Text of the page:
Yet there is tension about the value of big stories too. One question is whether the desire for big stories is generated by the presentist concerns of the middlebrow audiences to which they appeal. Richard White, in an essay about what he calls “big history,” begins the essay by describing a literary inheritance from his father, Will and Ariel Durant’s multi-volume The Story of Civilization, a popular phenomenon that could not contrast more sharply with White’s own prize-winning books. “I buried the maroonish volumes in a remote bookcase behind a door,” he writes. “I was slightly embarrassed to display them; the prose, as I recalled (rightly), reeked of hubris and antique presumption.” If the popularity of a semi-risible series like The Story of Civilization was driven by the vogue for book subscriptions and now serves as a spectral presence in the household of a prize-winning historian whose books describe sweeping transformations of the American West, White sees digital history as the potential source of equally bad books. “Digital innovation has produced big data by allowing us to access reams of statistics, search libraries of digitized books, and make spatial and temporal connections on a vast scale.” Yet, White argues, not only is this not producing better history – the books derived from big data are worse. They insist on a uniquely correct point of view, against which all other arguments must fail; they obscure “the complexities and contradictions that dominate our daily lives;” and “By increasing the scale and speed of human history, big historians dehumanize it.”[1]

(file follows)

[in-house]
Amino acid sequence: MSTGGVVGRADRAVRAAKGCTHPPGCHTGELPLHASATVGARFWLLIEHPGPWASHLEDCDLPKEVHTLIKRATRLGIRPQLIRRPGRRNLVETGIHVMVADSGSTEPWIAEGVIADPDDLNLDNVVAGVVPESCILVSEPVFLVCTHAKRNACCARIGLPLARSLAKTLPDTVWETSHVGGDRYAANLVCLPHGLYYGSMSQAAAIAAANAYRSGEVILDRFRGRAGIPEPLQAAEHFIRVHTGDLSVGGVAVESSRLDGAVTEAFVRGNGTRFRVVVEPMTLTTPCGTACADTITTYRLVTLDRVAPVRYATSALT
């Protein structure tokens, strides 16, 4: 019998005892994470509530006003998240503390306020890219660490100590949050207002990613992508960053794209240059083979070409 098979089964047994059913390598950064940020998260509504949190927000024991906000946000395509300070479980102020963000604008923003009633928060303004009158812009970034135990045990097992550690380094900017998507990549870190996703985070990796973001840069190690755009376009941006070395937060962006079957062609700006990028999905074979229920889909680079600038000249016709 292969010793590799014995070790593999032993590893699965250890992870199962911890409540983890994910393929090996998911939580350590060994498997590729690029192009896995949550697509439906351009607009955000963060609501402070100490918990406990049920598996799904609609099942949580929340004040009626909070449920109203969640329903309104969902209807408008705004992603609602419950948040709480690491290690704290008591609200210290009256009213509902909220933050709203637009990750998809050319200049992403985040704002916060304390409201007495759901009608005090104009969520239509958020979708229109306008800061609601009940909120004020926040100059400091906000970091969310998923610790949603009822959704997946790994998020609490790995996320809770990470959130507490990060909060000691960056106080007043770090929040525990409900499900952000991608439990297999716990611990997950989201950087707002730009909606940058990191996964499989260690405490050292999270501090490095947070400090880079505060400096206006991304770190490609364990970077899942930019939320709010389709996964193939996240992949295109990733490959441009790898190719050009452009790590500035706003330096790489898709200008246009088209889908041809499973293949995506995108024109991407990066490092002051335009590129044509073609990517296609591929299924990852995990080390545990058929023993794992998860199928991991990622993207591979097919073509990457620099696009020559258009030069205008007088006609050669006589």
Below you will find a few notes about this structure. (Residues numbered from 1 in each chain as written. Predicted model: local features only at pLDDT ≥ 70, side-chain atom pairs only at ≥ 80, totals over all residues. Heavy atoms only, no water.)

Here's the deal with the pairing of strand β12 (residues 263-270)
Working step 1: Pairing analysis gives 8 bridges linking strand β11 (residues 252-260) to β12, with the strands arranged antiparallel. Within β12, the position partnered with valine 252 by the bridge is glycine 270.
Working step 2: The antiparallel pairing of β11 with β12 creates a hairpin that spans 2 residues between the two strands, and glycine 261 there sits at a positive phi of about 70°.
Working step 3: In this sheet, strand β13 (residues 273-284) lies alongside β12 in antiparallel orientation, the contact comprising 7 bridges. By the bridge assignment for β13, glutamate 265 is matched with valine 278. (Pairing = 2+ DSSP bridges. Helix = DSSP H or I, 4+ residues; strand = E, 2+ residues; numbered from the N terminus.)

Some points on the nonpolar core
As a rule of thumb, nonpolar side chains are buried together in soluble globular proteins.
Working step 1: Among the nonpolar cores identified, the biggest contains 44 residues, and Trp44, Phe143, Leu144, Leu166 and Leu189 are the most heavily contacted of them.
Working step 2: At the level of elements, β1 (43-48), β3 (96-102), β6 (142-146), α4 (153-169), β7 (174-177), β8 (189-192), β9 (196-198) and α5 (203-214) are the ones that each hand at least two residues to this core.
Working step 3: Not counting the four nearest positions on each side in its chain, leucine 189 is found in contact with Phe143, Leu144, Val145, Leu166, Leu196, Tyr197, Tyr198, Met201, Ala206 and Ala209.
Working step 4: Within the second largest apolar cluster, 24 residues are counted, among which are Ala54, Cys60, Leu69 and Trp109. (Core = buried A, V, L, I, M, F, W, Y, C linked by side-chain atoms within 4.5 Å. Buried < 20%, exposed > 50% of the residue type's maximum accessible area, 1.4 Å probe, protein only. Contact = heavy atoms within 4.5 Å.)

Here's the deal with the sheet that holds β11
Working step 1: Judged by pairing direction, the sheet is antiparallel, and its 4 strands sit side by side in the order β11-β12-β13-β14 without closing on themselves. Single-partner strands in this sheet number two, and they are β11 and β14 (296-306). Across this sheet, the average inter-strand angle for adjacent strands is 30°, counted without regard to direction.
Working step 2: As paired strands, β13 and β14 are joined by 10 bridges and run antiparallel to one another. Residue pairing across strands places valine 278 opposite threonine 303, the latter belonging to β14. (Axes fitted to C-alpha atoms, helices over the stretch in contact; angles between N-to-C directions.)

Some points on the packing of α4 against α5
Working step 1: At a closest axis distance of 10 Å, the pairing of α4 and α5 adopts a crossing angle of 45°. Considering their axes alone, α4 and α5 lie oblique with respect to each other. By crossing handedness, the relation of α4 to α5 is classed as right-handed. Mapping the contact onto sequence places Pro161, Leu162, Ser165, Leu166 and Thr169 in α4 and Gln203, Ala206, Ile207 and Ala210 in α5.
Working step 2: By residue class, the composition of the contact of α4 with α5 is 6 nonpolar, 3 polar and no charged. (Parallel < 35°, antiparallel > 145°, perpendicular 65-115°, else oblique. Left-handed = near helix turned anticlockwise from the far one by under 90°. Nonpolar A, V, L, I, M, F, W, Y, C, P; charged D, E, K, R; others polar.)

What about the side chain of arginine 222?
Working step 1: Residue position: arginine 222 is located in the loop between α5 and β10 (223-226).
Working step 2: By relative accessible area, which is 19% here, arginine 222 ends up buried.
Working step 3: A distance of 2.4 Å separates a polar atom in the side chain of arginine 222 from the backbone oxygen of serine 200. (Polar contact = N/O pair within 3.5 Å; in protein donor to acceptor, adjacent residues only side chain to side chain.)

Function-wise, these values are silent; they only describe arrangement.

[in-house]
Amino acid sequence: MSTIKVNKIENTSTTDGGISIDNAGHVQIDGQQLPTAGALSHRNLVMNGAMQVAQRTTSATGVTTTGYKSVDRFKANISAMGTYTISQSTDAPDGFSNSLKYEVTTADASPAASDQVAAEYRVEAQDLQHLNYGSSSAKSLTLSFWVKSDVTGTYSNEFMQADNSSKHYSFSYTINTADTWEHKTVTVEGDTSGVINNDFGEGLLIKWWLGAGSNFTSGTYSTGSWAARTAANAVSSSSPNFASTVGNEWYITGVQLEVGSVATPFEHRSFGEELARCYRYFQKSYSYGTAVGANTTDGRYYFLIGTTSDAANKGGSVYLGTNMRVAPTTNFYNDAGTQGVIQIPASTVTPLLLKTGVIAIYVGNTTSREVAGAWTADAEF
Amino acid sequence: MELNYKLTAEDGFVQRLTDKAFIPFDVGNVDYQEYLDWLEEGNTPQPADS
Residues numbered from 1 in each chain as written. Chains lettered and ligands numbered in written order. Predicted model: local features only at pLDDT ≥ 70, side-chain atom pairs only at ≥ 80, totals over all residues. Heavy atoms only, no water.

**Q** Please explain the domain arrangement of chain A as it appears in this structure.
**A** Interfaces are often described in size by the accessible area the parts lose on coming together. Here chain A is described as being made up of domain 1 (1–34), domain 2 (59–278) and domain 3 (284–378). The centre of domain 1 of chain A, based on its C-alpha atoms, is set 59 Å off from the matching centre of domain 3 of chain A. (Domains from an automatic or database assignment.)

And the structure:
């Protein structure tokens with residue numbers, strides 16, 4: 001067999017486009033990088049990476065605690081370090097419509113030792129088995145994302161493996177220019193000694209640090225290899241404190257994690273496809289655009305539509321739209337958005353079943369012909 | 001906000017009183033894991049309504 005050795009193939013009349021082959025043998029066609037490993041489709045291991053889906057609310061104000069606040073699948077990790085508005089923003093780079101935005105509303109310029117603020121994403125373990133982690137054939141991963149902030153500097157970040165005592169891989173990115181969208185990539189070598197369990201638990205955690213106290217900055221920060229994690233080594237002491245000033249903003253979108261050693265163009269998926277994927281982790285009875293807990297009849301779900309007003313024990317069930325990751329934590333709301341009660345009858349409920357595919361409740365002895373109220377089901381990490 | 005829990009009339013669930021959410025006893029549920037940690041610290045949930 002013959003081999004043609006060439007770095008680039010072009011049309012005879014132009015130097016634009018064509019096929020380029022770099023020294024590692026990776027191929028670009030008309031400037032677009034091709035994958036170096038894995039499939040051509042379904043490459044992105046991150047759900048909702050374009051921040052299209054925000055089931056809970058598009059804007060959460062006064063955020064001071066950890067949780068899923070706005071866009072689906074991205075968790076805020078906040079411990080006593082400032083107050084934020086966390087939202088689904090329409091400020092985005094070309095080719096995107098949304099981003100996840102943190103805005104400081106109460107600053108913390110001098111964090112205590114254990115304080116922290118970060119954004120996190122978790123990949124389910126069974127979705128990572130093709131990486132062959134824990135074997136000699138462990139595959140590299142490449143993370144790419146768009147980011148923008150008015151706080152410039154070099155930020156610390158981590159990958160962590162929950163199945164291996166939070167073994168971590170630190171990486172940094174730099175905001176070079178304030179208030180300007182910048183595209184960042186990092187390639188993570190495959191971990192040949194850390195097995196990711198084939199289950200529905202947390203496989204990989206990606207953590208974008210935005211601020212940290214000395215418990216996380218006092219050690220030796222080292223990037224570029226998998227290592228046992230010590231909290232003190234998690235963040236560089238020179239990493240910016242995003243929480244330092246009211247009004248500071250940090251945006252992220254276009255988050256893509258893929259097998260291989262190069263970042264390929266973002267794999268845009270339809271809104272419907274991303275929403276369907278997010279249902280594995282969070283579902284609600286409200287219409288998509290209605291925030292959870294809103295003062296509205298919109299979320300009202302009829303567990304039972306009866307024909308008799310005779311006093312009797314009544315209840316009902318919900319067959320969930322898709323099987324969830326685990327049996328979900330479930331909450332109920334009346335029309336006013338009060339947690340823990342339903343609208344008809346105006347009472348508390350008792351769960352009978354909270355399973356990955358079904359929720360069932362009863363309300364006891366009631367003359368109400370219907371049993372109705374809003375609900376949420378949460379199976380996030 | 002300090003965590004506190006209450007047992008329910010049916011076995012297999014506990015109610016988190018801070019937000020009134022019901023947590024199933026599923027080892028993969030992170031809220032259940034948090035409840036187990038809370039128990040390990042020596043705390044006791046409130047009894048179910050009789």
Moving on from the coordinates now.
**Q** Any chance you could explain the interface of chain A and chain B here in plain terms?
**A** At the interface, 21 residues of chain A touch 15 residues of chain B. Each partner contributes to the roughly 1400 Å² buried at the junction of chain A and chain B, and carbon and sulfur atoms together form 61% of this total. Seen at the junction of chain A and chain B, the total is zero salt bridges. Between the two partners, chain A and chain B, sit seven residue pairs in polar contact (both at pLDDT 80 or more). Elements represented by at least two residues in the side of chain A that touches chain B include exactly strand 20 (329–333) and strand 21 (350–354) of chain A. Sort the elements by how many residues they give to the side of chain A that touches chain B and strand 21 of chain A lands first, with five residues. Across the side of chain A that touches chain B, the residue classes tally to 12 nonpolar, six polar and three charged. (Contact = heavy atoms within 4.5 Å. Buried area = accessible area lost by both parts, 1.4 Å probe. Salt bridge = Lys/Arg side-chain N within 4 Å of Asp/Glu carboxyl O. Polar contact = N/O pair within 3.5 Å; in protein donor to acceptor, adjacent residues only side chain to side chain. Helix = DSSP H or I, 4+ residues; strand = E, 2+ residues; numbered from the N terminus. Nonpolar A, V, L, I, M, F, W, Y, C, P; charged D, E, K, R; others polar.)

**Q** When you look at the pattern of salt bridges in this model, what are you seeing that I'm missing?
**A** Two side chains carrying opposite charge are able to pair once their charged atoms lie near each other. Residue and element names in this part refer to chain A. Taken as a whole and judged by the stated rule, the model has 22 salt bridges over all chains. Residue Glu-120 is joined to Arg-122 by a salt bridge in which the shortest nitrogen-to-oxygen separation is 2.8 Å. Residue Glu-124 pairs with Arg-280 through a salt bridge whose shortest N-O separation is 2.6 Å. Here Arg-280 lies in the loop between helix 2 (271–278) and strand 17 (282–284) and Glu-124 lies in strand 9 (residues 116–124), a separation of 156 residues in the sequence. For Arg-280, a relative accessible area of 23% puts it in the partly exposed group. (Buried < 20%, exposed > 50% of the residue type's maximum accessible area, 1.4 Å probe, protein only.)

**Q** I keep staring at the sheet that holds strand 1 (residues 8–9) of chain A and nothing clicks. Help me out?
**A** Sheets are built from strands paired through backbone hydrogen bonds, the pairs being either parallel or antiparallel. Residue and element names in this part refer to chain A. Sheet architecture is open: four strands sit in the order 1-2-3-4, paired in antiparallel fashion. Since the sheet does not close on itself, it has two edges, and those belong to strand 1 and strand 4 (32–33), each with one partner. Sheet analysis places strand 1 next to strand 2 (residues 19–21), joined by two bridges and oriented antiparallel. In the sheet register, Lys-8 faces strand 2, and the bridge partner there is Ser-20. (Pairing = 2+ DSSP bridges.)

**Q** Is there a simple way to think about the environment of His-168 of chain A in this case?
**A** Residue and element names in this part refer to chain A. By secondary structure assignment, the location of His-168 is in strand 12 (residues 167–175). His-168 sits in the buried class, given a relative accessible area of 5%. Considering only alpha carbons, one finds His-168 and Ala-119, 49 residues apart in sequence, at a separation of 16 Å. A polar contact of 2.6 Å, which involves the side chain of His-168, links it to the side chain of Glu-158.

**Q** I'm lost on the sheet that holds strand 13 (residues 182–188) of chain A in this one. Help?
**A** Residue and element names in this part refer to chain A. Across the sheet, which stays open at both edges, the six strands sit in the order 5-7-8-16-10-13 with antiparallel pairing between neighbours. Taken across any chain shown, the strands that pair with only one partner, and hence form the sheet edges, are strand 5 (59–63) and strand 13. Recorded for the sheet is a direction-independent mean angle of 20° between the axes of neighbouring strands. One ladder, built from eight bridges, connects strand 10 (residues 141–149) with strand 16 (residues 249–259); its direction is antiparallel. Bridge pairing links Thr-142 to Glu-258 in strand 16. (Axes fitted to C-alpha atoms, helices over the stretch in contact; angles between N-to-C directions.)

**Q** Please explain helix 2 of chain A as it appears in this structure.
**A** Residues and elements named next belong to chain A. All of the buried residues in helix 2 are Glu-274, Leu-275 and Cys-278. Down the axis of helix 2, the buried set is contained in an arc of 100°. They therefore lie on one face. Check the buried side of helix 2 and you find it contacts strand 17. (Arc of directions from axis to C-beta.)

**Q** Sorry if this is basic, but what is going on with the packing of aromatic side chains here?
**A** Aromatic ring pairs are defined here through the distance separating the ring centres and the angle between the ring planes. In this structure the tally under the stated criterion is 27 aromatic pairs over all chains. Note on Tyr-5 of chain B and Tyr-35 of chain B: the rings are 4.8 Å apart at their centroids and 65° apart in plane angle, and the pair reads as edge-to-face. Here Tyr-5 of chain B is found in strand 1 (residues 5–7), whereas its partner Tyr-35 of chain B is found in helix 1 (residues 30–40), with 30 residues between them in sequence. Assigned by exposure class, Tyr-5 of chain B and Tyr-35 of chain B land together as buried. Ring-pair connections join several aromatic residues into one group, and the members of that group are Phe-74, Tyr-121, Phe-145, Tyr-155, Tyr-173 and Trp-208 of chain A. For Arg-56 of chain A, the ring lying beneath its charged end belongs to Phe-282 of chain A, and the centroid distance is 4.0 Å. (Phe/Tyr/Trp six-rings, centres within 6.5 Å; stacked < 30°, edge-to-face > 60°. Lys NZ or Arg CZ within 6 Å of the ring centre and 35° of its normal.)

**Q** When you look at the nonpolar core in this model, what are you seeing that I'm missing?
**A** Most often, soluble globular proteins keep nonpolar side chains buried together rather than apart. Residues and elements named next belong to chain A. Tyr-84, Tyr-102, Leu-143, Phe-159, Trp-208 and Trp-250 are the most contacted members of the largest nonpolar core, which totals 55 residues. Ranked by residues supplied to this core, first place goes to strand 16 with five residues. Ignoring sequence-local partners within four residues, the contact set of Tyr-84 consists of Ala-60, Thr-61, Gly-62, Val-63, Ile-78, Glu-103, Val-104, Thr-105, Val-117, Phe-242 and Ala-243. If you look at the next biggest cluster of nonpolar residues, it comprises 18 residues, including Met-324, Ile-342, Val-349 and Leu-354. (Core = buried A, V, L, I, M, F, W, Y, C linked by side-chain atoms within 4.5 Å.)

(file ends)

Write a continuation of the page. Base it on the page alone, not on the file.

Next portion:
My point here is not White’s criticism of history done badly, or his irritation with narratives so vast that they can only serve one, flattening, argument to which no book or series of books can properly serve. But perhaps unintentionally, White also conflates academics using digital technology to produce old-fashioned middlebrow history with the unwelcome intrusion of digital methods in history more broadly. Indeed, White closes his essay by speculating that an otherwise reputable historian has been led astray in part by “our present media culture,” and has produced not a book, but an app.[2]

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[1] Richard White, “Nature and the Pitfalls of Big History,” Raritan v. 35 no. 3 (winter 2016), 15, 28.

[2] White, “Nature and the Pitfalls of Big History,” 29.

Source: http://digitalulab.org/2016/06/25/digital-history-skeptics-and-the-questions-they-ask/